Everyone has heard the old saying about “Sell in May and go away,” but history shows that the period of seasonal strength actually ends around August 1. But it is tougher to come up with a catchy rhyming phrase for that. The question for this year, with such a strong market, is whether the normal seasonal weakness of August and September are really going to matter. Or will the market just power on through?
The Annual Seasonal Pattern shown in this week’s chart is made by chopping up historical data into 1-year chunks, and adjusting as needed for strange holidays and other events, such as the market closure for President Ford’s funeral, or Hurricane Sandy, or the closure after the 9-11 attacks. Those one-year chunks of data are then recalculated to express them as a percentage change from the first day of the year. Then they can be averaged together to get the indicator you see here.
I go one step further and exclude the data from 1987. The height of the August 1987 peak and the severity of the October 1987 crash tend to skew the data, drowning out the other voices. When we want to look at what “average” looks like, we don’t include Andre The Giant (a famously enormous pro-wrestler of years ago, now deceased). I normally do not like to exclude any data from consideration, but I believe that leaving out 1987 is like throwing out the top and bottom scores from the judges in a figure skating competition.
There are some years when the DJIA does not follow its Annual Seasonal Pattern all that well. But this year we are seeing a very strong positive correlation, except for a couple of moments in time when the market went off track due to news events. That happens. Brexit threw the market off track last year. So did the tsunami which hit Japan in 2011. But the point is that when the market gets thrown off track by these exogenous events, a few days later it works extra hard to get back on track.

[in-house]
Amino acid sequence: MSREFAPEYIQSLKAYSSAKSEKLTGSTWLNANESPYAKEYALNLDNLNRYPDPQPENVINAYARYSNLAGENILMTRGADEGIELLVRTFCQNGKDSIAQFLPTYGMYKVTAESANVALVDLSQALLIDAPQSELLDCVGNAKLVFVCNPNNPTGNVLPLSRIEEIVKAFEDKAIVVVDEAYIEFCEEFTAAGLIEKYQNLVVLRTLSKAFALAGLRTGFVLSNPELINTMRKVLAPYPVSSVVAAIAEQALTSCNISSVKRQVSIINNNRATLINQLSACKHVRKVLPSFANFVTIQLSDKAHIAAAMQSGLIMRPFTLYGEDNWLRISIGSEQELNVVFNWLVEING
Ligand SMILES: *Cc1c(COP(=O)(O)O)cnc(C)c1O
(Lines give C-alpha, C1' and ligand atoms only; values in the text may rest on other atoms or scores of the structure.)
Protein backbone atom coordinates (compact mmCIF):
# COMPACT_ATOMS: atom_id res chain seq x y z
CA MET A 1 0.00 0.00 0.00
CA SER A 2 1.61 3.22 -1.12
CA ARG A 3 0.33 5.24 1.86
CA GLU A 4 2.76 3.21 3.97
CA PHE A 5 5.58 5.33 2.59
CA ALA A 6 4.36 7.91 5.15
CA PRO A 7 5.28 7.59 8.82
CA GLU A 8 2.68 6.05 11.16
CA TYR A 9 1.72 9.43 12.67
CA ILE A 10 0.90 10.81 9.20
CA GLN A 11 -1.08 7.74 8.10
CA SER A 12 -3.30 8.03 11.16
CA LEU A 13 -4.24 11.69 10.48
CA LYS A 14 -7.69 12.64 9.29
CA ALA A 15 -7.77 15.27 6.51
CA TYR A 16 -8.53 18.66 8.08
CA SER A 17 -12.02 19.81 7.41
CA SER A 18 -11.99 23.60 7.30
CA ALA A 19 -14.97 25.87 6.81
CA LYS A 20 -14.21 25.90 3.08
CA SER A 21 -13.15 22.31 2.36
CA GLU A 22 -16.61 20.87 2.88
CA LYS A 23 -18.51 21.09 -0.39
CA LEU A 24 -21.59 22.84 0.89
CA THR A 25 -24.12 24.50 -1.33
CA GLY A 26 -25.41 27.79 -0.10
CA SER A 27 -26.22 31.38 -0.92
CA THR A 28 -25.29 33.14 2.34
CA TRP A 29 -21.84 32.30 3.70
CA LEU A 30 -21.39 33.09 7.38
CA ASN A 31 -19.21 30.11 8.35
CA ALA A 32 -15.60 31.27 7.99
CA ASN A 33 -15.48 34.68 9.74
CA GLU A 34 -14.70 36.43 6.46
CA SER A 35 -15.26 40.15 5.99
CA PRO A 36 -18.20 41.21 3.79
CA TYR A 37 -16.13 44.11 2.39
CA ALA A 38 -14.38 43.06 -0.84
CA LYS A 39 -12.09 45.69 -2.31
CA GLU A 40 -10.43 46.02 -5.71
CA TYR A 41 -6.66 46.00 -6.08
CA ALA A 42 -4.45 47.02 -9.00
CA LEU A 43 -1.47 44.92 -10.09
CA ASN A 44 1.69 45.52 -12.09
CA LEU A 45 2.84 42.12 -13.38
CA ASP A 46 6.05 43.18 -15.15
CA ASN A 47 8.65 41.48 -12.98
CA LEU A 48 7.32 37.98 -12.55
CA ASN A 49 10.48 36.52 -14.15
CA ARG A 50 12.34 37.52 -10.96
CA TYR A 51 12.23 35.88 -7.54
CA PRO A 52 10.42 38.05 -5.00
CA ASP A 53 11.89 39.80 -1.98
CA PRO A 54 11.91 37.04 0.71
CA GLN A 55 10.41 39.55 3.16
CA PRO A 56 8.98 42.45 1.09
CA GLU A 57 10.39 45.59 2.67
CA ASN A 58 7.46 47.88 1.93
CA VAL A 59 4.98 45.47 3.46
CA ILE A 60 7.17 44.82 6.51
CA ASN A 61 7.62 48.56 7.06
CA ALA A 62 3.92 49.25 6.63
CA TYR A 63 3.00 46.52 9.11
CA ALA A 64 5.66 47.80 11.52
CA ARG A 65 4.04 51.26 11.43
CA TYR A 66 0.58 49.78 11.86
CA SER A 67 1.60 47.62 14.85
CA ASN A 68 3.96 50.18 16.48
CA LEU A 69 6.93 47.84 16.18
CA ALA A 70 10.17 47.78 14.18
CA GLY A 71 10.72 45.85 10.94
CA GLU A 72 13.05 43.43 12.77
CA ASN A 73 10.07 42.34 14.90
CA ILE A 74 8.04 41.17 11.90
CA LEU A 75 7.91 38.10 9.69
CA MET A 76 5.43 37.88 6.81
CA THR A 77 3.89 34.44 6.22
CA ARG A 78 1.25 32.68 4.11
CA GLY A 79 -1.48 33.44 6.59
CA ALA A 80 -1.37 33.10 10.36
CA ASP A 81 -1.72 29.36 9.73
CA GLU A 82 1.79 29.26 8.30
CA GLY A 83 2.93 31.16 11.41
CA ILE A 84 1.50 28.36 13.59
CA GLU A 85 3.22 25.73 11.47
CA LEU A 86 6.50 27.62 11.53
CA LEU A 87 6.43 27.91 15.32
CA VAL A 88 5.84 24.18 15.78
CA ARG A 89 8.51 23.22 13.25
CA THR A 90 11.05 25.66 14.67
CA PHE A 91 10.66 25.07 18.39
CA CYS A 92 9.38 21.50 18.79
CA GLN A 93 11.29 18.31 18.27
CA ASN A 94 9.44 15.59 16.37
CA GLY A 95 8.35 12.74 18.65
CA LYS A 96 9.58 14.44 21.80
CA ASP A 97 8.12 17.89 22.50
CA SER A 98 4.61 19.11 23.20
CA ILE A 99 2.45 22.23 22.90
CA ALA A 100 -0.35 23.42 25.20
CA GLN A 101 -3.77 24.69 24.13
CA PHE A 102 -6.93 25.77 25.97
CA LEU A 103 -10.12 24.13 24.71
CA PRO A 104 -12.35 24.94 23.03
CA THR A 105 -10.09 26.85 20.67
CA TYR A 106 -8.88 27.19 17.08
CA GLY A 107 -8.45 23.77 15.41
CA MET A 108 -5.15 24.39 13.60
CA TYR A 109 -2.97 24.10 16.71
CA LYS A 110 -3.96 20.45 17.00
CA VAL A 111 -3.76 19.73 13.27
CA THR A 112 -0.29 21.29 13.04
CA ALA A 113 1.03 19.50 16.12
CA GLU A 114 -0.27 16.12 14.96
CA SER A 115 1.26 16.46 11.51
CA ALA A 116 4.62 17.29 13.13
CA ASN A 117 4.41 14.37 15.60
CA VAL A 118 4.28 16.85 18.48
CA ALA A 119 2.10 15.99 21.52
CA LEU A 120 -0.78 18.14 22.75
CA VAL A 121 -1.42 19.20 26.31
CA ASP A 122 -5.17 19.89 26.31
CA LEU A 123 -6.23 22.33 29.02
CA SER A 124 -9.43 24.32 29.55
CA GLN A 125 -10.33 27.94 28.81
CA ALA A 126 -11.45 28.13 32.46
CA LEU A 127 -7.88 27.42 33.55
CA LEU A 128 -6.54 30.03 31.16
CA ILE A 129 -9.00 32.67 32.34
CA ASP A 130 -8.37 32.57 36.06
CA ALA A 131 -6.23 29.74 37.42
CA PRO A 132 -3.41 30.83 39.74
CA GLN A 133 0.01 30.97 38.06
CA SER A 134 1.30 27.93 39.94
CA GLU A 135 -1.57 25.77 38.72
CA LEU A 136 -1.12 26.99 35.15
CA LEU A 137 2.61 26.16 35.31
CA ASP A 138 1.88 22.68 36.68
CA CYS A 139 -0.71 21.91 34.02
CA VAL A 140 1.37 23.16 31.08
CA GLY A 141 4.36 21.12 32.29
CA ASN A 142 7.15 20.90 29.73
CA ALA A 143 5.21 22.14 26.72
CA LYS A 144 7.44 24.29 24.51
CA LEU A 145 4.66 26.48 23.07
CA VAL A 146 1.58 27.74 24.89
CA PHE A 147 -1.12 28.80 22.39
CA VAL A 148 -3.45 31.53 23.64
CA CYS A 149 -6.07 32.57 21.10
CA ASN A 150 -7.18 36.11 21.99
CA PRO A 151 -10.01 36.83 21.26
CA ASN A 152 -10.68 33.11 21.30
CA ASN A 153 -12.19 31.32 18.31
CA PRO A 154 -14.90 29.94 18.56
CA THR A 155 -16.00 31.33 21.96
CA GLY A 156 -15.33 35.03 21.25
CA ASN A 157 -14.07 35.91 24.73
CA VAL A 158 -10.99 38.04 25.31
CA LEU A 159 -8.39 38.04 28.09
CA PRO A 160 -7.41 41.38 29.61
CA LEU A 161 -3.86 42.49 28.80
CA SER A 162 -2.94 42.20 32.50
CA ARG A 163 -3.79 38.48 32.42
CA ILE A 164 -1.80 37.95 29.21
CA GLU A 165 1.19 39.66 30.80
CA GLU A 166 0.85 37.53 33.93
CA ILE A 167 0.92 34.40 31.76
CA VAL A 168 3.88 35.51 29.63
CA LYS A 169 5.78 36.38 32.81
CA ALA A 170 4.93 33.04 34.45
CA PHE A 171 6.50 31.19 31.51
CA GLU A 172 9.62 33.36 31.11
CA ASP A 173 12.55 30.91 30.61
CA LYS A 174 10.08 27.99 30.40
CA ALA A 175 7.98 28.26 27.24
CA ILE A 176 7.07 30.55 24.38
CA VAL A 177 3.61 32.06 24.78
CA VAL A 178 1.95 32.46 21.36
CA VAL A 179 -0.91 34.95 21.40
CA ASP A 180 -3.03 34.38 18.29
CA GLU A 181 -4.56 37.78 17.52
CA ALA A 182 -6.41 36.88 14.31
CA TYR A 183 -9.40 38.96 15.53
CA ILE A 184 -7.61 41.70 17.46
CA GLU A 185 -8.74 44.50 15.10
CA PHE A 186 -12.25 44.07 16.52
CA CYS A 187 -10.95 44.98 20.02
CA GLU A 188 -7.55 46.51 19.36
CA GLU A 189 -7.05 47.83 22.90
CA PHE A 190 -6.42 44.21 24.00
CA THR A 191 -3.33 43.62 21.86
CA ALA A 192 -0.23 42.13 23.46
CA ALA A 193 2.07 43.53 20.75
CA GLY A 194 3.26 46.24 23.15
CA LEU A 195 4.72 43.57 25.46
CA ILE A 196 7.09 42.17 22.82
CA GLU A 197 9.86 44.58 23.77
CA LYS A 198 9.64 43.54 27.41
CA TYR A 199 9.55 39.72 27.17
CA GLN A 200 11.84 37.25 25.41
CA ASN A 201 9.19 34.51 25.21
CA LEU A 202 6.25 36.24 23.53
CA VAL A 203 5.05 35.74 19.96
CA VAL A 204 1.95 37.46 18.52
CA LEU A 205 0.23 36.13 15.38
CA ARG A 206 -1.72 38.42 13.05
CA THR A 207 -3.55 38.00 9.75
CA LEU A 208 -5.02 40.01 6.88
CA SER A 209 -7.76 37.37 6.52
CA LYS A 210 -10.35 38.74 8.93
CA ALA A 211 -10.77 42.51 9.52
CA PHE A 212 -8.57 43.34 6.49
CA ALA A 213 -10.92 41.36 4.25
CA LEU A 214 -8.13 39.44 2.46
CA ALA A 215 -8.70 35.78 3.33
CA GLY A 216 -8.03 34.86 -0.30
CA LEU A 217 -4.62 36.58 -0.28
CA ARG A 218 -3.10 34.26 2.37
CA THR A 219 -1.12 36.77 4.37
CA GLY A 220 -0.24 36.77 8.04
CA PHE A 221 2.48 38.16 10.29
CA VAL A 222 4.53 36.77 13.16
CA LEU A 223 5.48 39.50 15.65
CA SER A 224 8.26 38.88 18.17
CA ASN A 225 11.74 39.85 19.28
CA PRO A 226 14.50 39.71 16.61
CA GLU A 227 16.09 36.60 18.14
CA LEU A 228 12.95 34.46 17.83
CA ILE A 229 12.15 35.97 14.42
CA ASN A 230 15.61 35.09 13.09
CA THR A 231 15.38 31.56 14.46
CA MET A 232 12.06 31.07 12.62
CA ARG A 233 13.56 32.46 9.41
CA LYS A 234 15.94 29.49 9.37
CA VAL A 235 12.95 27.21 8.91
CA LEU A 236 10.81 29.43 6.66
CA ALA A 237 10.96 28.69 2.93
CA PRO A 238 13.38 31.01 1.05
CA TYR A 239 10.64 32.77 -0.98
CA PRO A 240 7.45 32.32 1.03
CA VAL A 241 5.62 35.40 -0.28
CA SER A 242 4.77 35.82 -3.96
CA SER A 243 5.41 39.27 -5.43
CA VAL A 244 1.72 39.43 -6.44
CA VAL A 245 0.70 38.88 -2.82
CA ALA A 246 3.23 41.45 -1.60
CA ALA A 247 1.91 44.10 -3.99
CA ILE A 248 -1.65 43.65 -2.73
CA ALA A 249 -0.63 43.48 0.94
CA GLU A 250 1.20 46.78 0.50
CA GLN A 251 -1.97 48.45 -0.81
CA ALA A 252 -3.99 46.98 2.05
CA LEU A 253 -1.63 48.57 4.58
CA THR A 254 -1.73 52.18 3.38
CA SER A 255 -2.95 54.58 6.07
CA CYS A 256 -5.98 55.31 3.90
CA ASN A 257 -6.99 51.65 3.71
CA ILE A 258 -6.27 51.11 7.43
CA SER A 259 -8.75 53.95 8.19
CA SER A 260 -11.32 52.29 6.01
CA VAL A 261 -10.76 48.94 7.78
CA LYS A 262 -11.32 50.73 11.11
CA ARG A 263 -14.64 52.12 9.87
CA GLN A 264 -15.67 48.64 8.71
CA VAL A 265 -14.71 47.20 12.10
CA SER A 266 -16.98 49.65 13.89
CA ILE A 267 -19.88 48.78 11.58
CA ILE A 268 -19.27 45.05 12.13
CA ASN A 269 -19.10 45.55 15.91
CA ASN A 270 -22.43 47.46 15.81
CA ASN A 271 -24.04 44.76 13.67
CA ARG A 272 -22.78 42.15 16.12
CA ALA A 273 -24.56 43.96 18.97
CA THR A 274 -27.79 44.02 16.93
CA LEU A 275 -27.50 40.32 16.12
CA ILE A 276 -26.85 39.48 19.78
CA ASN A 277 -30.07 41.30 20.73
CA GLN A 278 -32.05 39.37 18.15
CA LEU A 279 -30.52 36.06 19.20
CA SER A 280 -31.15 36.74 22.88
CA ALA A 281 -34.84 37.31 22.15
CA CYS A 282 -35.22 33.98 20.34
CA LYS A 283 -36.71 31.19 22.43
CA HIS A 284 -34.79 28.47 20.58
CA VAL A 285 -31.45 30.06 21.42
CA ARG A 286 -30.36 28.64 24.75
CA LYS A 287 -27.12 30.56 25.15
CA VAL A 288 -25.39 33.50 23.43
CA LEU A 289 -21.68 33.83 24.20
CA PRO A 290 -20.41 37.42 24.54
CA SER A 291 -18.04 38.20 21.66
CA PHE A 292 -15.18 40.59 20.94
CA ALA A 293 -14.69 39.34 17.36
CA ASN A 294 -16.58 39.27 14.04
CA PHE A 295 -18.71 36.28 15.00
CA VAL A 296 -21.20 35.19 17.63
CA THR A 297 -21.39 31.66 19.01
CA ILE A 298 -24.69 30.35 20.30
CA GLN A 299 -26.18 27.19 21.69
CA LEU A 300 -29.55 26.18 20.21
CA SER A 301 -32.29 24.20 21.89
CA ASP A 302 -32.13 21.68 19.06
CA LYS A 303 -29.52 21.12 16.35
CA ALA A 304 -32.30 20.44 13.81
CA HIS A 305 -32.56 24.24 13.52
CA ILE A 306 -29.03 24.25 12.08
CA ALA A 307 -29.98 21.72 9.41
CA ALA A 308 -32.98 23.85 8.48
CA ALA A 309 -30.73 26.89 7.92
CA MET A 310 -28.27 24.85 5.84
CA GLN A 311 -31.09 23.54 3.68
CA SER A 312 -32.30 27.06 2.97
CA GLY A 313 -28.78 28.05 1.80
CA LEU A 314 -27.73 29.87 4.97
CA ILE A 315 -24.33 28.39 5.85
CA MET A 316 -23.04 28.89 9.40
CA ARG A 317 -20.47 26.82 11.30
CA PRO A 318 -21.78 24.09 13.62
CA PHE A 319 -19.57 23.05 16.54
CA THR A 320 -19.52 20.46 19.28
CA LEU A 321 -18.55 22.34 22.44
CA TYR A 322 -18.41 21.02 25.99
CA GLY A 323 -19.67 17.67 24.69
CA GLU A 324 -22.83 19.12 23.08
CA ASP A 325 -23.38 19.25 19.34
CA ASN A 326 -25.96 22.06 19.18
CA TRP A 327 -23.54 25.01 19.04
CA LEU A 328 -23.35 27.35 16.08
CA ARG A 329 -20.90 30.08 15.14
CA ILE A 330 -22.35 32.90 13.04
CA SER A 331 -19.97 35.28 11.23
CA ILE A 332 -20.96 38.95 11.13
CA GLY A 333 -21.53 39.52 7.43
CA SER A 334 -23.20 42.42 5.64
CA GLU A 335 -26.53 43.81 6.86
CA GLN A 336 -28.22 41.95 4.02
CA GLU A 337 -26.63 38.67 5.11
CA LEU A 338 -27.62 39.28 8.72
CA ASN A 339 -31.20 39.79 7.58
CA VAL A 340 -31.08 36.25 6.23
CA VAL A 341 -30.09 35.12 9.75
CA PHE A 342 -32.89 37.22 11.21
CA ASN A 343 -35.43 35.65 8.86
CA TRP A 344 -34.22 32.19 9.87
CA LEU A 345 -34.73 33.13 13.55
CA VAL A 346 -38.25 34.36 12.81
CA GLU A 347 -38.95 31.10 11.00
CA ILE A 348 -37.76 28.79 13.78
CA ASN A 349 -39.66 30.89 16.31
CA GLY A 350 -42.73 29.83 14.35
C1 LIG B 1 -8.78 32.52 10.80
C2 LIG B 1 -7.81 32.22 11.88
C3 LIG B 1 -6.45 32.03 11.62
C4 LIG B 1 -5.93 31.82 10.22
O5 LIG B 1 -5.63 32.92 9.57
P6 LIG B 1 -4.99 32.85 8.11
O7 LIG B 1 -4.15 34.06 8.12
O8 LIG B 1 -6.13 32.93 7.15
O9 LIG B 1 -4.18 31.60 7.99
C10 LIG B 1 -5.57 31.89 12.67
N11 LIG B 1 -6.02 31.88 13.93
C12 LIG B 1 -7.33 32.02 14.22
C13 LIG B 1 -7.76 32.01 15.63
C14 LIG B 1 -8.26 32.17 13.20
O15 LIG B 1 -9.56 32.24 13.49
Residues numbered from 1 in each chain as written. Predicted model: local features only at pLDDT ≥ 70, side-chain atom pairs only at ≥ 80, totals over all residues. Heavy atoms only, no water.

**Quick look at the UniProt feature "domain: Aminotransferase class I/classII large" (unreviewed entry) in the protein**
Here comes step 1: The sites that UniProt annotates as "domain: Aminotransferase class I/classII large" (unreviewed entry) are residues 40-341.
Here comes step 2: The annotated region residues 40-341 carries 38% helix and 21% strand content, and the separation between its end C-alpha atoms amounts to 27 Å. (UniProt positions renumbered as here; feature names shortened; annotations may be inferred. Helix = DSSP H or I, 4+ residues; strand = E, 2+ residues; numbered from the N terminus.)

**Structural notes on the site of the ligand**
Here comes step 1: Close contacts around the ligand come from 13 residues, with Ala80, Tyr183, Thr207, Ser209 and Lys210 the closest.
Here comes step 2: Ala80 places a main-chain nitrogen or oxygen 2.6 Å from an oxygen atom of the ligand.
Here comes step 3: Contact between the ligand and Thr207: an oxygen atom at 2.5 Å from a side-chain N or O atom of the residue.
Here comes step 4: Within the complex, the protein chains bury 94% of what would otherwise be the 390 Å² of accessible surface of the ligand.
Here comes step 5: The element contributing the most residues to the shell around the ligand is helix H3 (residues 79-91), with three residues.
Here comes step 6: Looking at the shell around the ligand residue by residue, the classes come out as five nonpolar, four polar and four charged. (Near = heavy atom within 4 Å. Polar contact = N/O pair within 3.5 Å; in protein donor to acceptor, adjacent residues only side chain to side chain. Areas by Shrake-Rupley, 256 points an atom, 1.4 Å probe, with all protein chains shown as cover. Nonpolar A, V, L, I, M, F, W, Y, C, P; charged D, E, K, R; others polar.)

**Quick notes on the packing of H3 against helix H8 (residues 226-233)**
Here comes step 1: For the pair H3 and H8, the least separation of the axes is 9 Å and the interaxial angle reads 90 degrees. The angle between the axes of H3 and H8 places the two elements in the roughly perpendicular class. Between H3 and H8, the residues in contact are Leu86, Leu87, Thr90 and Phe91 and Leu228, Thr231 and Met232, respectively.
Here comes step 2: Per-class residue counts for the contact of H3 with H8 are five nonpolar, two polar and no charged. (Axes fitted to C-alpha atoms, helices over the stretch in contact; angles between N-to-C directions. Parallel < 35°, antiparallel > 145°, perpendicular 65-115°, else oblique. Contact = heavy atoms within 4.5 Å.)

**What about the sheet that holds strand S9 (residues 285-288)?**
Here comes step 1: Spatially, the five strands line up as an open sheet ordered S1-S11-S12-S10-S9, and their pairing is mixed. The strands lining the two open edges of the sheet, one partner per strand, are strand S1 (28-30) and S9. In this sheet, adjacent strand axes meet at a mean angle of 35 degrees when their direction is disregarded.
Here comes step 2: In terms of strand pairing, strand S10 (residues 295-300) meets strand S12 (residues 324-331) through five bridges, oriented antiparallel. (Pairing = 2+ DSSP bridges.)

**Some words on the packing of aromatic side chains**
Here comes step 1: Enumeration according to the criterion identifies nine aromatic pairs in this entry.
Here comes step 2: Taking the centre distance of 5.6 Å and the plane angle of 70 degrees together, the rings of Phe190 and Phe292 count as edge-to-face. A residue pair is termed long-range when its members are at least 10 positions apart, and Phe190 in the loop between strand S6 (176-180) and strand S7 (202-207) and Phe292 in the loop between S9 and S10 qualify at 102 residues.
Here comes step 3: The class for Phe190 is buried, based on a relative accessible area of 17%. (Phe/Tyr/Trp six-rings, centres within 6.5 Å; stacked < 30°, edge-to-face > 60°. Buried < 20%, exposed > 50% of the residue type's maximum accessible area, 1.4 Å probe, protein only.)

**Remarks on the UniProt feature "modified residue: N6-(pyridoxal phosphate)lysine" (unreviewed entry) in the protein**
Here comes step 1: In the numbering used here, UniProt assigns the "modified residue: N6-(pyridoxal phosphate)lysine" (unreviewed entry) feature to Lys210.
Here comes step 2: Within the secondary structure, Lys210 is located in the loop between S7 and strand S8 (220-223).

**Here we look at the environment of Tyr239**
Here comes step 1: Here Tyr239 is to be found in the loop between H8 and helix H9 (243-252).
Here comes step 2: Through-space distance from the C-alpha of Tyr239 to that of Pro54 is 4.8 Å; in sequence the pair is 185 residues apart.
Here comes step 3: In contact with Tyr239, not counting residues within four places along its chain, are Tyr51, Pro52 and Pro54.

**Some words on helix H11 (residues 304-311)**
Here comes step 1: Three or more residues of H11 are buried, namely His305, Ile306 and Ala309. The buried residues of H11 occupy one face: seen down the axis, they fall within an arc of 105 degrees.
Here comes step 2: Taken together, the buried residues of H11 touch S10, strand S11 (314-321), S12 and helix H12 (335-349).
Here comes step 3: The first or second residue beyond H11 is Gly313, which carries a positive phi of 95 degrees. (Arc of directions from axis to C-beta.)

Now we are at the true seasonal peak, not the poetic one in May. And the strong correlation of the DJIA to this Pattern recently gives confidence that we will see continued strong correlation into the future. If so, then that means a price decline toward the end of September.
How much of a decline we might see is not something that an average pattern will show us. It is better about the direction than the magnitude. And we also cannot know about what the next coup d’etat, or weather disaster, or fat-fingered trade might do. But the general expectation is for a corrective period with a slight downward bias for the next two months. It probably will not be a big price decline, as the recent new all-time high for the NYSE’s A-D Line offers some immunity from the big sorts of price drops.